Cortisone injection

Submitted: Wednesday, May 19, 2004 at 22:14
ThreadID: 13015 Views:8114 Replies:14 FollowUps:6
This Thread has been Archived
G'day All

G'day all i injured my shouder while surfing and the doc said that i need a cortisone injection, some people say if the doc said you need it get it done but others say dont even think of it but cant give me a reson why not just wondering if someone out there can give me a reason why to get it or not or has anyone got the injection them selfs.Im not affraid of geting it done just being only 21 years of age im worried about the future.
any thoughts would be much appreciated
cheers paul
Back Expand Un-Read 0 Moderator

Reply By: Willem - Wednesday, May 19, 2004 at 22:26

Wednesday, May 19, 2004 at 22:26
My missus had a similar problem to yours and being a more advanced age than yours she opted for the injection. This was a year or so ago and she has had no trouble since. Cortisone can only help you. I have been taking the stuff for years periodically, for a medical condition and I am still here....but am I sane????hahahahaha

AnswerID: 59344

Follow Up By: Des Lexic - Thursday, May 20, 2004 at 13:50

Thursday, May 20, 2004 at 13:50
Gee Willie, you and Judith continue to amaze me. I didn't realise that Jude was a surfer too.
Got the camp site booked for today so all systems go including a trailer load of firewood.
Only potential problem will be rain but have a back up plan.
FollowupID: 321067

Follow Up By: Willem - Thursday, May 20, 2004 at 19:15

Thursday, May 20, 2004 at 19:15
You are Des Lexic as you cannot even read between the lines :-)

Rain?? When? where?

FollowupID: 321105

Reply By: Member Eric - Wednesday, May 19, 2004 at 22:30

Wednesday, May 19, 2004 at 22:30
I have had them for Spider bites in the past , I didnt realise there was problem problem problem problem problem
AnswerID: 59346

Reply By: toymn8r - Wednesday, May 19, 2004 at 22:47

Wednesday, May 19, 2004 at 22:47
I have used cortisone sparingly in the past for various football injuries as a last resort with no problems, A good friend had a chronic condition where cortisone was beneficial, however the doc said if used regularly it wil build up in the body and cannot be purged. I guess like anything in moderation no worries ( exept for beer) the more the healthier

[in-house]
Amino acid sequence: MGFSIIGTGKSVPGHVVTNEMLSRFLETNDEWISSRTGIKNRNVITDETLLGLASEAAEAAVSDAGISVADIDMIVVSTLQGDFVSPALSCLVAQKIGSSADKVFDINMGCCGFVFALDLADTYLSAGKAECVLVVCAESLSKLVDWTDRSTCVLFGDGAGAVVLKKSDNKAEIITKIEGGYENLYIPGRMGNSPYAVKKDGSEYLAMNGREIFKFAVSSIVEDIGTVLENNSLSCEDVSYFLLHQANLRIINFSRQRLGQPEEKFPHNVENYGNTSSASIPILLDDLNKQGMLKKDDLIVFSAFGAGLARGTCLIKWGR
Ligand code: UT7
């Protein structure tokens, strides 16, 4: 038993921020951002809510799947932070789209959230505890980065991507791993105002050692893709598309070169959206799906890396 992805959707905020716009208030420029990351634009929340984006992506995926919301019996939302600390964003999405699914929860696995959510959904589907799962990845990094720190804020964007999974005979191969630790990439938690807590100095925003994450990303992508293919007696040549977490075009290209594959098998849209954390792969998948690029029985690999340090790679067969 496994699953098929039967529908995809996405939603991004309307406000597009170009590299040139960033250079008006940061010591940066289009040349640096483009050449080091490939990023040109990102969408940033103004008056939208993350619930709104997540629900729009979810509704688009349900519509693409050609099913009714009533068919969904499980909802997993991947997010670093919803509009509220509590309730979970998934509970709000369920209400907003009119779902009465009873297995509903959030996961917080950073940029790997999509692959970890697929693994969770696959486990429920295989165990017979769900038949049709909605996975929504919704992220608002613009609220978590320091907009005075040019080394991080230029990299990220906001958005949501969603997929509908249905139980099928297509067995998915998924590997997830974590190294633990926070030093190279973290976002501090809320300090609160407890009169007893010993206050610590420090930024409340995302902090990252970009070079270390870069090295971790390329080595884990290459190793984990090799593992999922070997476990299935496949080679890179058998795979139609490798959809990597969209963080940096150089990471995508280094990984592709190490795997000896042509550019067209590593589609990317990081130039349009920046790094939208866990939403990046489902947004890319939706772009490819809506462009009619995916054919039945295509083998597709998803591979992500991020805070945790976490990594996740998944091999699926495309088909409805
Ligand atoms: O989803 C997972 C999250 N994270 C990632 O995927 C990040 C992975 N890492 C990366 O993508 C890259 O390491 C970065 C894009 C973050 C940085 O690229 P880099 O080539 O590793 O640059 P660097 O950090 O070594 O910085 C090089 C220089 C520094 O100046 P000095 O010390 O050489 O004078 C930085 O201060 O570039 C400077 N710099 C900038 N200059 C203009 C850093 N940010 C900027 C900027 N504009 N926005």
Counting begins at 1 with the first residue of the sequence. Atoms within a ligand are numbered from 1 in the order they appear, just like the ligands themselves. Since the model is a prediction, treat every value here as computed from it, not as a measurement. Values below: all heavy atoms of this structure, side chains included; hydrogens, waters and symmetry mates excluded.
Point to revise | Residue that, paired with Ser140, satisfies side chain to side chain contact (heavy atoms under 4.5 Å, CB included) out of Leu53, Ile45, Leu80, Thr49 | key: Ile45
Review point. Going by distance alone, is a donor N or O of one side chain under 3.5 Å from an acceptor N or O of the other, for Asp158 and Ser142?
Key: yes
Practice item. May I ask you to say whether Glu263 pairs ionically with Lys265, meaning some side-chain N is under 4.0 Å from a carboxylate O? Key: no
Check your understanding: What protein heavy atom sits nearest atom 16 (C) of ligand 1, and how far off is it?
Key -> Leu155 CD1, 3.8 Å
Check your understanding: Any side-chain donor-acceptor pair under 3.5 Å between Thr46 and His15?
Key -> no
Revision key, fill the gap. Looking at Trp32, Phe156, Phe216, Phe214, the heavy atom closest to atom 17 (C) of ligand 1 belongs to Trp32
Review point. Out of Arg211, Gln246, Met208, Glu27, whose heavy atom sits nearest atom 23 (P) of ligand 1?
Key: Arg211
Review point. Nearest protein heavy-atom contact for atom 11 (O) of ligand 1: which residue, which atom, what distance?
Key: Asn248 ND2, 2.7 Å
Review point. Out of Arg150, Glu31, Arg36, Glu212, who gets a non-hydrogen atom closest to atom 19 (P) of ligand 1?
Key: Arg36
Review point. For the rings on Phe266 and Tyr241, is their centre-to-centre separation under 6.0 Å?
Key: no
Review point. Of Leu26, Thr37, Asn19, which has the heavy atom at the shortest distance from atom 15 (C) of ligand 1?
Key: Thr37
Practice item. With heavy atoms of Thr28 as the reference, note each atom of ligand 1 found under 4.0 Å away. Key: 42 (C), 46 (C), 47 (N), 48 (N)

AnswerID: 59352

Reply By: Patrol22 (Queanbeyan - Wednesday, May 19, 2004 at 23:17

Wednesday, May 19, 2004 at 23:17
Hurts like bloody hell but works a dream is speeding up recovery.
AnswerID: 59354

Follow Up By: Nudenut - Thursday, May 20, 2004 at 12:01

Thursday, May 20, 2004 at 12:01
'Hurts like bloody hell'....those have cured me instantly
FollowupID: 321055

Reply By: Lone Wolf - Wednesday, May 19, 2004 at 23:31

Wednesday, May 19, 2004 at 23:31
I have had one in my elbow, worked a treat, however, I too have heard conflicting reports pertaining to the shoulder.

You may only need one, or many, although 3 in a short period is deemed as enough.

Perhaps a second MEDICAL opinion could be worthwhile, only going to cost you $20.00.

Best of luck either way
AnswerID: 59357

Reply By: Paul's lot - Thursday, May 20, 2004 at 04:06

Thursday, May 20, 2004 at 04:06
works a treat to speed up the healing process but be warned it must be followed up with the appropriate physio otherwise the tissue repairs with a lot of scar tissue that can cause problems and is harder to eliminate afterwards. I speak from experience as I had it years ago before physio was seen as beneficial and I swore that i would never have thatbleepagain however I believe from my doctor that these days with the physio it is nothing like what it used to be so I would be guided by your doctor and if your not sure seek a second opinion.
AnswerID: 59367

Reply By: Member - Bob - Thursday, May 20, 2004 at 08:01

Thursday, May 20, 2004 at 08:01